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The current level of the minimum wage is an increasingly embarrassing issue for many members of Congress. In real (inflation-adjusted) terms, the minimum wage is at its lowest level since the early years of the Eisenhower administration. There has been no adjustment for inflation in nearly nine years despite the fact that gasoline prices have more than doubled during that period and apartment rents are rising by more than 10% a year in some cities.

Congress has adjusted its own salaries nine times since the last change in the minimum wage, and only a few weeks ago the members voted themselves a $3,300 pay increase for next year. To put that in perspective, it would take a worker earning the minimum wage three months to earn the equivalent of the pay increase members just voted themselves.

The public appears to fully recognize the importance of an upward adjustment in the minimum wage. A recent Pew Poll found that 83% of all Americans support an increase and 72% of Republicans support it.

But no matter how popular it is across the country, it is not a winner on K Street. A number of key business organizations have put their foot down — and in the House of Representatives where their power is the greatest — to ensure that no minimum wage legislation is permitted to reach the House Floor for a vote.

But all hell broke loose last week when seven Republicans on the House Appropriations Committee felt they couldn’t toe the line any longer. They bolted from the short leash they are normally held on, voting with all of the Committee Democrats to boost the current $5.15 minimum hourly wage by $2.10. House leaders responded angrily, stating that the provision would not be protected by the procedural resolution needed to bring the bill to the House floor for debate and warning that it would be stricken on a point of order with no opportunity for the chamber to vote on the issue.

That strategy crumbled when the whip organization of Congressman Roy Blunt (R-MO) reported that the procedural resolution that the leadership team had threatened to use to strike the committee’s language would not receive enough votes to pass. That left only Plan B, which was to postpone (probably until after the election) any floor action on the entire Labor, Health and Human Services and Education Appropriation Bill — a measure that contains nearly 40% of all the funding for the domestic activities of the federal government.

Alas, the surprising Republican revolution over the minimum wage was short-lived. When Democrats offered identical minimum wage language to the Science, State Commerce and Justice Appropriation Bill on Tuesday, the wayward Republicans returned to the fold. Congressmen Ray LaHood of Illinois, Mike Simpson of Idaho, Jim Walsh of New York, Don Sherwood of Pennsylvania and Bill Young of Florida reversed their vote and opposed the provision they had supported only a week ago.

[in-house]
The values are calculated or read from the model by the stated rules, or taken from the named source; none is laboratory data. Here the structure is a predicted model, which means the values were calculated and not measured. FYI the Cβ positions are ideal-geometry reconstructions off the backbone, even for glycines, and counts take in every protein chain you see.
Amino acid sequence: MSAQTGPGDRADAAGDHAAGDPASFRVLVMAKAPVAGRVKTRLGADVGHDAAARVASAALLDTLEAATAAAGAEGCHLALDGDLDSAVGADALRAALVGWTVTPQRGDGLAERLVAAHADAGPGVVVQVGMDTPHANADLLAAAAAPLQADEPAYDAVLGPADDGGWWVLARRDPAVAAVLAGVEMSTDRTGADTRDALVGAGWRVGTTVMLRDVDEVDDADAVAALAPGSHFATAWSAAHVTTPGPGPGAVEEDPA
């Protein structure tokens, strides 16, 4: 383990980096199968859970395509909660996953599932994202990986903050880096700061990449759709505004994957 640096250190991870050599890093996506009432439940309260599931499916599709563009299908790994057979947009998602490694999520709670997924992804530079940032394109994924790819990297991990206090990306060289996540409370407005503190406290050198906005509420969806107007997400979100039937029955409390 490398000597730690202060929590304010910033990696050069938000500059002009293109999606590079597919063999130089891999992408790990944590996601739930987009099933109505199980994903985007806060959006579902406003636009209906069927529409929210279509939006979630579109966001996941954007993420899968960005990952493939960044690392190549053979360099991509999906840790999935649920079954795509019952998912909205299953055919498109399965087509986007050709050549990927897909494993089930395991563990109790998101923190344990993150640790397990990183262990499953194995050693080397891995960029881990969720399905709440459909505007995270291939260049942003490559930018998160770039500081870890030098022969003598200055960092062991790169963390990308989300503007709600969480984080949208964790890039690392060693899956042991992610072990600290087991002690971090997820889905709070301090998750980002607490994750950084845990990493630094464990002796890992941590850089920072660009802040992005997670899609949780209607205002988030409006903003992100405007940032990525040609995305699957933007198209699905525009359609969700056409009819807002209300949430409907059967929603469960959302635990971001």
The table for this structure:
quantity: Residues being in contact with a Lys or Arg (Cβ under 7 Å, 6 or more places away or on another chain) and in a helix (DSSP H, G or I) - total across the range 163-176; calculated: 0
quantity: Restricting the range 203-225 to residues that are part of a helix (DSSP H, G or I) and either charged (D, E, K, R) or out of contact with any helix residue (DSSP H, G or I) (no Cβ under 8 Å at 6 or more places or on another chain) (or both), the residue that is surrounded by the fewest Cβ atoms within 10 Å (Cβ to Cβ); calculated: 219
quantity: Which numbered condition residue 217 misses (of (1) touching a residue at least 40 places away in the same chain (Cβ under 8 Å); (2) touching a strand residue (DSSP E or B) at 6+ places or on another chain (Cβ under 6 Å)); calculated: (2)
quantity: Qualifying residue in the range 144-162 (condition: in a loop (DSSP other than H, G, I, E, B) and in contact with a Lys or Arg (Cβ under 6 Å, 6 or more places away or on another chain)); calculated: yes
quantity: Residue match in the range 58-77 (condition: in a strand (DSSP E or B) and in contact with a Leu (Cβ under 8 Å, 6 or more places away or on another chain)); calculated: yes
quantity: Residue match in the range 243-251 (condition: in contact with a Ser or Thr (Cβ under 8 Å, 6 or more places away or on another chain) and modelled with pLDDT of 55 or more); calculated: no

Two other would-be “champions of the working poor,” Jo Ann Emerson (R-MO) and John Sweeny (R-NY) avoided the wrath of their elected leaders through another tack. They simply left the room during the roll call and returned after it was finished. Emerson explained to the Wall Street Journal earlier in the week that, “her polling on the issue in Missouri �?? testified to the issue’s popularity.” She evidently felt that the best way reconcile the views of the people who elected her with the demands of her leadership was to skip the vote.

Whatever it says about the statesmanship and political courage of the two members who left the room, it says at least as much about the institution in which they serve. That institution was carefully designed by the founding fathers as the centerpiece of our democracy. It is the only place in our government where political power is supposed to be proportionate to the sentiment of the people.

But obviously none of the seven members felt they could represent the sentiment of their constituents. Service in the House — at least on the Republican side of the aisle — now requires first and foremost subservience to the people within the chamber who the members elect, not those back home who elected them. DeLay is gone, but the latest vote on the Appropriations Committee demonstrates that DeLayism is still alive and well.

Ultimately the blame is not with the leaders. It is with those members who repeatedly buckle to their will. They are the enablers that have created the kind of Congress we now witness in the nation’s capital. For the two members who decided that the easiest course was to leave the room, there should be some special recognition. Perhaps they should get the “duck of the week” award.

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Authors

Scott Lilly

Senior Fellow

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